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Stow chair resigns over recorded board meeting

College leader steps down citing Russell's 'unwarranted personal attack'

College leader steps down citing Russell's 'unwarranted personal attack'

Kirk Ramsay, chair of Stow College in Glasgow, finally bowed to pressure this week and resigned after what he called an "unwarranted personal attack" by education secretary Michael Russell.

The row between Mr Russell and the Stow chair erupted after it emerged that Mr Ramsay had recorded a meeting between FE chairs and principals with Mr Russell in October with a smartpen without seeking prior consent from the education secretary or his colleagues.

In a letter to college chairs after a subsequent meeting with Mr Ramsay, Mr Russell said he did not see Mr Ramsay's actions as "consistent in any way with the protocol expected at such an event, or of the standards I expect of the chair of a board of management of any college".

He added: "His conduct has caused me to question my confidence in Mr Ramsay in his capacity as chair of Stow College, and I have told him this."

Mr Ramsay then wrote to his FE colleagues, stressing he had apologised to Mr Russell and saying the recording had been for his own use and those who "could not attend the meeting".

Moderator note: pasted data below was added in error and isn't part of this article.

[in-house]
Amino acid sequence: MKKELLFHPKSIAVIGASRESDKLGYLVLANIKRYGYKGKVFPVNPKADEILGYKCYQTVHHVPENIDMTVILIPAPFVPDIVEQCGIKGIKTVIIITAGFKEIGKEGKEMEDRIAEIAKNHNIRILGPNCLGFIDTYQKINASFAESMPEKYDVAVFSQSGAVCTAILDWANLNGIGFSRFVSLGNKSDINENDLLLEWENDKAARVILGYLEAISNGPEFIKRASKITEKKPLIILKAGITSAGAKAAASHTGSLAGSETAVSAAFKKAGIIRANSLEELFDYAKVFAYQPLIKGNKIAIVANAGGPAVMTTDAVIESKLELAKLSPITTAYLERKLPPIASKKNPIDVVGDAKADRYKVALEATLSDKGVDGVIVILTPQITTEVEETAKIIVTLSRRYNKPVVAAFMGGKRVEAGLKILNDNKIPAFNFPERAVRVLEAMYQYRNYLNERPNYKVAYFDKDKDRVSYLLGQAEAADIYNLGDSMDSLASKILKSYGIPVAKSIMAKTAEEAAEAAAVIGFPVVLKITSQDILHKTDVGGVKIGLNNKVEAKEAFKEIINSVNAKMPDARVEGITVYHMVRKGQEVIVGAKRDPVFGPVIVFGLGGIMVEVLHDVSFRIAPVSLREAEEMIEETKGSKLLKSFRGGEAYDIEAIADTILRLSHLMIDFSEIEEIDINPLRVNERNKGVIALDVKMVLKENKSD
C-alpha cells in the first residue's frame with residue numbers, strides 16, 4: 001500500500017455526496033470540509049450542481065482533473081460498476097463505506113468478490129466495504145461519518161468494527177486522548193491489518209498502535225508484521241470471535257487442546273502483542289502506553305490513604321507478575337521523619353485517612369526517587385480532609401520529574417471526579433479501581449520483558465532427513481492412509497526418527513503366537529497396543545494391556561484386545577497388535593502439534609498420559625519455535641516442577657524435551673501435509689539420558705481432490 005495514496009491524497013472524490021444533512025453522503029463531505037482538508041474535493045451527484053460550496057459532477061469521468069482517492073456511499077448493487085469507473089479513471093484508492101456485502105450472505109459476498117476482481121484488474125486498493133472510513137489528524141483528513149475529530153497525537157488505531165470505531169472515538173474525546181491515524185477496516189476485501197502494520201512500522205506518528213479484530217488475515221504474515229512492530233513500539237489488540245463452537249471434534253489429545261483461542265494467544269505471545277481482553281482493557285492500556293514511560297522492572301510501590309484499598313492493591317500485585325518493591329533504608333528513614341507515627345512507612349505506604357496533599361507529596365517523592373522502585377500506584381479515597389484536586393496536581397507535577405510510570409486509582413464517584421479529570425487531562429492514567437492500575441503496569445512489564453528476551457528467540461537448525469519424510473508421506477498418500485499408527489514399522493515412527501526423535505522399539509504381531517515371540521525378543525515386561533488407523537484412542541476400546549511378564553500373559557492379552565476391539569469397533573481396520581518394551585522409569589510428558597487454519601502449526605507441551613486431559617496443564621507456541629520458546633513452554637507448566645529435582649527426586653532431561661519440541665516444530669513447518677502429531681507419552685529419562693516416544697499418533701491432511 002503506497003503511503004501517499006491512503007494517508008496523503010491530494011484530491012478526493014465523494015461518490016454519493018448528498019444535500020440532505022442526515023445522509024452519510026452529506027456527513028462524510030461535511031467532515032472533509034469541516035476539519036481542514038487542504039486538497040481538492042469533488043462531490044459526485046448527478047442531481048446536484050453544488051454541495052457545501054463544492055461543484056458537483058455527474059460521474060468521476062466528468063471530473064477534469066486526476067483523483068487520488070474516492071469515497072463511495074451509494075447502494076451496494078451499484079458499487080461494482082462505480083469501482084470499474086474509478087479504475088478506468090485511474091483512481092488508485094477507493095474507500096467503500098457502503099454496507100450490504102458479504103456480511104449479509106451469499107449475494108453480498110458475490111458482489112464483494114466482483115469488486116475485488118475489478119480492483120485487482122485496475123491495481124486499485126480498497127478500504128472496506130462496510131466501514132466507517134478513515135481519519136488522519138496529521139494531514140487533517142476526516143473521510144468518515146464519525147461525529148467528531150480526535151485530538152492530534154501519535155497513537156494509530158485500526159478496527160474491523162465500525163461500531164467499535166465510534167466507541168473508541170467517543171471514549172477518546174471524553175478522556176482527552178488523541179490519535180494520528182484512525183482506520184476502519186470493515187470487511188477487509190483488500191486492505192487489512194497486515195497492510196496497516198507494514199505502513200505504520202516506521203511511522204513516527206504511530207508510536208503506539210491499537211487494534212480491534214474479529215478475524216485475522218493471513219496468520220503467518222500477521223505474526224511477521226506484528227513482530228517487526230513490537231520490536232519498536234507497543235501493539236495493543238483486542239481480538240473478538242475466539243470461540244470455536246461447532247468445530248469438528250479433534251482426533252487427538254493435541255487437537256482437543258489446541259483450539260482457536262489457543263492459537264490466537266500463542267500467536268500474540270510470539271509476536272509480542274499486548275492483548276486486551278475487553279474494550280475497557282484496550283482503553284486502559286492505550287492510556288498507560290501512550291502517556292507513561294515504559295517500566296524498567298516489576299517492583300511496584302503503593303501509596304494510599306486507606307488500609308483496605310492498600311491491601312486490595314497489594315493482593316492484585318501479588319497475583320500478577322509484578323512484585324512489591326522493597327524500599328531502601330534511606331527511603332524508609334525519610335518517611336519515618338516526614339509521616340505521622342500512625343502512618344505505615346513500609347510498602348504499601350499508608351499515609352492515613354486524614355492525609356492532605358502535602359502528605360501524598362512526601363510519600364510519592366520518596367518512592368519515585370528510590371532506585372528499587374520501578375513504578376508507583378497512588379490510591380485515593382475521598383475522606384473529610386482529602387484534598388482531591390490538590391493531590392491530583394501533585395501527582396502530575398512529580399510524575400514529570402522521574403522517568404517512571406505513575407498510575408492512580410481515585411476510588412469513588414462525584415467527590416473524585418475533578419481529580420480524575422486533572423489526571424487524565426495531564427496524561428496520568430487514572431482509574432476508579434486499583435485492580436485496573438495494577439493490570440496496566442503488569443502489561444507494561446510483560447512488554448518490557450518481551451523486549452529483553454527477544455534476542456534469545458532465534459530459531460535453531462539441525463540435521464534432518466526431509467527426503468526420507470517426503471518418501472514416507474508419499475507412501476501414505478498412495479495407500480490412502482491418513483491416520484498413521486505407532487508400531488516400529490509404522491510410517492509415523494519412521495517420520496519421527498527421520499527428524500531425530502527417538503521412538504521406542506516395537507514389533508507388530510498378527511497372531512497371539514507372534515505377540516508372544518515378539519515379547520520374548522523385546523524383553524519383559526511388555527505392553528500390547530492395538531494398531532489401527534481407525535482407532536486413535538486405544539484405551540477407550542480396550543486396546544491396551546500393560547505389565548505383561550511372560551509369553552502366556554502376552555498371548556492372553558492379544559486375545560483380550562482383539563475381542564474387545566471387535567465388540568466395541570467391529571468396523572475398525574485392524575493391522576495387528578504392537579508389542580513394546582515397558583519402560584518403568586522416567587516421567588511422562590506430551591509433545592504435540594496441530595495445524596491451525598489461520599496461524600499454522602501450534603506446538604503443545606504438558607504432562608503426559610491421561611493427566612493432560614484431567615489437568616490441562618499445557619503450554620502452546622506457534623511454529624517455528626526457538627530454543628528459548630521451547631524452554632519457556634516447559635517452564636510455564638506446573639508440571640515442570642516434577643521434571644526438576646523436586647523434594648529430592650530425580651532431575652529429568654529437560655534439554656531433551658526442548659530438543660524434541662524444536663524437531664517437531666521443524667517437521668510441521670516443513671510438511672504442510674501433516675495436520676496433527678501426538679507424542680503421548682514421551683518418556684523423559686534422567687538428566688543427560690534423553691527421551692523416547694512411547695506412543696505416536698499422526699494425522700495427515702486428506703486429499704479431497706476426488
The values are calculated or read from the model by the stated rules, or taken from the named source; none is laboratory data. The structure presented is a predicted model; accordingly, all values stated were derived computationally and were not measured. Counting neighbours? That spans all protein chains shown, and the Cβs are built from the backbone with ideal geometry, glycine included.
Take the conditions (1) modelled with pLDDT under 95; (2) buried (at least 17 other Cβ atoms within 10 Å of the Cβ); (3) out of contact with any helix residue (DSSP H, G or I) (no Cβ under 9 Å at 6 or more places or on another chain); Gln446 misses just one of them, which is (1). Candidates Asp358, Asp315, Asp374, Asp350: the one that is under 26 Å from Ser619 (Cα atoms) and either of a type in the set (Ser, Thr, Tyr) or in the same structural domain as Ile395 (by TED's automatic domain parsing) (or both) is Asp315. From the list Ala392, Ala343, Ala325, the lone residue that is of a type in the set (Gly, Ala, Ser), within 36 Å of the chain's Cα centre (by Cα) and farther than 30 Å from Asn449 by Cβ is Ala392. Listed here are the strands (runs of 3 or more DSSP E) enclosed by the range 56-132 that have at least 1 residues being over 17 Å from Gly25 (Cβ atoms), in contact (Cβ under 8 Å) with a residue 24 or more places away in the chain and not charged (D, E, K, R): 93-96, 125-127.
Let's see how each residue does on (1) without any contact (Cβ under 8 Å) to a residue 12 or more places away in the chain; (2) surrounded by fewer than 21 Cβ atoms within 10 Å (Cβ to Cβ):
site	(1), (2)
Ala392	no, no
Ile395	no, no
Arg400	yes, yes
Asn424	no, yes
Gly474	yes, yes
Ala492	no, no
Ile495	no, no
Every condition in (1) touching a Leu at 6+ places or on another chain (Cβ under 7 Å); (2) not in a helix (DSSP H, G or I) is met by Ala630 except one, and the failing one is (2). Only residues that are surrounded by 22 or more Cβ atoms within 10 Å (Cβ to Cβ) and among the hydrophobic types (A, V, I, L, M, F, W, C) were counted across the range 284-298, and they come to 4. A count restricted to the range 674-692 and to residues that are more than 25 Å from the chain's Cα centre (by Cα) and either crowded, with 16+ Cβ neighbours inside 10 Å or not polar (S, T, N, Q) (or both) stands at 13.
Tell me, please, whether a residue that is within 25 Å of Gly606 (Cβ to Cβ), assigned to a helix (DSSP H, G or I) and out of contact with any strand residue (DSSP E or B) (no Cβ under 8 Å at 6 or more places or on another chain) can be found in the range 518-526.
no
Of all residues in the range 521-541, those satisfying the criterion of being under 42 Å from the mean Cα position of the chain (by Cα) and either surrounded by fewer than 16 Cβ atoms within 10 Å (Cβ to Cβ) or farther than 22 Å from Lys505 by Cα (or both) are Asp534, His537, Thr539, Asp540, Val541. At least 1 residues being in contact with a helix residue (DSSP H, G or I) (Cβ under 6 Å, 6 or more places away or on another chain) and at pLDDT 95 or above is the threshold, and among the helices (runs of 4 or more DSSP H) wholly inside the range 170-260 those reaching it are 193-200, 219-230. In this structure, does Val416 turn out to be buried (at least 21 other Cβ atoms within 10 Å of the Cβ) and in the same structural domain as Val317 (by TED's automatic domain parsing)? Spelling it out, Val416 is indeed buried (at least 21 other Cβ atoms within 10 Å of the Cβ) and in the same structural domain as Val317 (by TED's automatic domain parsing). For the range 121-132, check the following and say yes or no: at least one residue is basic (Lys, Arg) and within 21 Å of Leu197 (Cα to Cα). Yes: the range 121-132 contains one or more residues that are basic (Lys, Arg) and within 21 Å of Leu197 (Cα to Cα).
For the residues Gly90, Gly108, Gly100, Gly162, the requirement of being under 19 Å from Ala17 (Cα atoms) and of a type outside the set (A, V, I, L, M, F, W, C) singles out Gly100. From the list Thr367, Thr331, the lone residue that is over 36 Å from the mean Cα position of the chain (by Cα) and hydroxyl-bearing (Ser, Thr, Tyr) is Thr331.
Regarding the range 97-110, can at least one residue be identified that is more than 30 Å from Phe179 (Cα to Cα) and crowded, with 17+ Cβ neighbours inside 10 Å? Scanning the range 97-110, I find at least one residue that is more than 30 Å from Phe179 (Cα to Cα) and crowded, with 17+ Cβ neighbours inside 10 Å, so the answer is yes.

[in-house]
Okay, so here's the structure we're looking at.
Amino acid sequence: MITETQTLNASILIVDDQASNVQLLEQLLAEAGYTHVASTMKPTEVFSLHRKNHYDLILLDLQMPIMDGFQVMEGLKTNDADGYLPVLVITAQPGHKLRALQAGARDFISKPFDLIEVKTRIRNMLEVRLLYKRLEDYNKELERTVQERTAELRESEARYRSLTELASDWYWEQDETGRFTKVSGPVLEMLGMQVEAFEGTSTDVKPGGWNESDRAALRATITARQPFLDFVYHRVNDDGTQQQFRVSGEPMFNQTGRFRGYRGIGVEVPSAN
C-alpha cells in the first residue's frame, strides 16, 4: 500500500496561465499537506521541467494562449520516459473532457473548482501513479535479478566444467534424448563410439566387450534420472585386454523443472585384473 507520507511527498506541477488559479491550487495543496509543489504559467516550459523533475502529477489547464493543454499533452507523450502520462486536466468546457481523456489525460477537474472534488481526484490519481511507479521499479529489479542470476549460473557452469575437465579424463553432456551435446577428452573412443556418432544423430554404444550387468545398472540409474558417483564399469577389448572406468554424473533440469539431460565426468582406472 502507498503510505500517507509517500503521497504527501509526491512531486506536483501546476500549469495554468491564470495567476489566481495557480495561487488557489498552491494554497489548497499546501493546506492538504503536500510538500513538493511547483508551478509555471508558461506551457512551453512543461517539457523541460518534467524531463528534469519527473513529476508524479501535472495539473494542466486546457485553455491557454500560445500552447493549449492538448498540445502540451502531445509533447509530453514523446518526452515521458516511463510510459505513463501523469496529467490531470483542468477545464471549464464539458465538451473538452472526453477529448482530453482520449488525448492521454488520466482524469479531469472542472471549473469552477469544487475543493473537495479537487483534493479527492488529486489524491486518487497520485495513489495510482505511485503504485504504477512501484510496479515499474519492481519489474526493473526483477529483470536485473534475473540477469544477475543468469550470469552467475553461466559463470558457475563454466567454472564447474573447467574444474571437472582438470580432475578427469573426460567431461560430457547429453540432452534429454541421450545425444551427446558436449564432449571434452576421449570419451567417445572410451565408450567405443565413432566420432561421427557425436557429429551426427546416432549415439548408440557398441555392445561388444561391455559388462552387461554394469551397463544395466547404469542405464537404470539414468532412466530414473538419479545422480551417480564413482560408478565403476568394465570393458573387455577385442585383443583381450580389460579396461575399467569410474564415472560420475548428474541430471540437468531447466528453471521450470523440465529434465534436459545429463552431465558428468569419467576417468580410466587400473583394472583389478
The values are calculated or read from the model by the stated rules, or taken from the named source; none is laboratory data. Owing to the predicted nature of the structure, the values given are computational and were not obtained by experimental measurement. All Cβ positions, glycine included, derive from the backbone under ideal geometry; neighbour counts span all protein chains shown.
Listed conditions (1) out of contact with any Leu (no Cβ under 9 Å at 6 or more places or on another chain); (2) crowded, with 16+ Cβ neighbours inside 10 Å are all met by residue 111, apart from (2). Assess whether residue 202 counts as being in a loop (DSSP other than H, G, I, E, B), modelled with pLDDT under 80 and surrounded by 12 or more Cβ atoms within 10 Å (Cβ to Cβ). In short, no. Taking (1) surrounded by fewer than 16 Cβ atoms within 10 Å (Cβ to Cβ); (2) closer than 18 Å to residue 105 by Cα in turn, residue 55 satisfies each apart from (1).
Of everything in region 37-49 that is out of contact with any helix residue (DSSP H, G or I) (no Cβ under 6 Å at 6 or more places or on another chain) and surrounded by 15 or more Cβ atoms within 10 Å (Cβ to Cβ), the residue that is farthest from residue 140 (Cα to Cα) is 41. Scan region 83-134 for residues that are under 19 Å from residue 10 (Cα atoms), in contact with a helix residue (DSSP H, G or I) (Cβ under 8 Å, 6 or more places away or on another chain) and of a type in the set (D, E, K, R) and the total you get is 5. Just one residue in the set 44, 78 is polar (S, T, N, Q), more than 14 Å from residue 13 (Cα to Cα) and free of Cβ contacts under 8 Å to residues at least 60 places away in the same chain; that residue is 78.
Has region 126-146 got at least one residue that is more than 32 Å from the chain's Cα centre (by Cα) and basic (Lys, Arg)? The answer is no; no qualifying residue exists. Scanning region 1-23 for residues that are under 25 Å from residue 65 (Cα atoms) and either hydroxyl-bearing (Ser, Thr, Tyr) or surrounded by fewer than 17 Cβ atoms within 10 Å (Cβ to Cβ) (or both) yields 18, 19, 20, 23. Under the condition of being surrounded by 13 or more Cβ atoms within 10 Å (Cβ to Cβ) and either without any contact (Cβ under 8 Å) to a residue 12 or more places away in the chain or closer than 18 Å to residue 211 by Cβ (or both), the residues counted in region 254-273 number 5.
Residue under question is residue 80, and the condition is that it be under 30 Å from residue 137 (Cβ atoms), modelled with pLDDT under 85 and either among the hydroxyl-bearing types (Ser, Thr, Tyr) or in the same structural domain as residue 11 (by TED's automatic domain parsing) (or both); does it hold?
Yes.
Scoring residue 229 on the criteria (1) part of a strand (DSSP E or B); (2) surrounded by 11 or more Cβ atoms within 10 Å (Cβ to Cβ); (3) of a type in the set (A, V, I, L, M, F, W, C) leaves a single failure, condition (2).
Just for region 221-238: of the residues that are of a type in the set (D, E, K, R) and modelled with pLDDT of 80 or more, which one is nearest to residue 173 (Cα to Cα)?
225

He said Mr Russell had told him he wanted him to resign, and that if he had had the power to remove him, "he would have done so with immediate effect".

"He told me that he expected me to have written to him by the next morning," added Mr Ramsay.

In his resignation statement on Tuesday, hours after Mr Russell refused to distance himself from suggestions that the college chairman should resign, Mr Ramsay said his passion and commitment to the college and the sector, was "too great for me to allow any perceived error on my part to be allowed to inflict damage on the college, its students or staff, executives and board".

He added: "I remain firm in my belief that I have done nothing wrong and intend to clear my name. I especially look forward to meeting with the parliament's education committee, should they decide to launch a formal inquiry, which I sincerely hope they do."

A statement from Stow College board said it was "typical of (Mr Ramsay) to put the college, its students and staff first" and resigning at this time had shown his commitment to Stow.

A Scottish government spokesman said it respected Mr Ramsay's decision.

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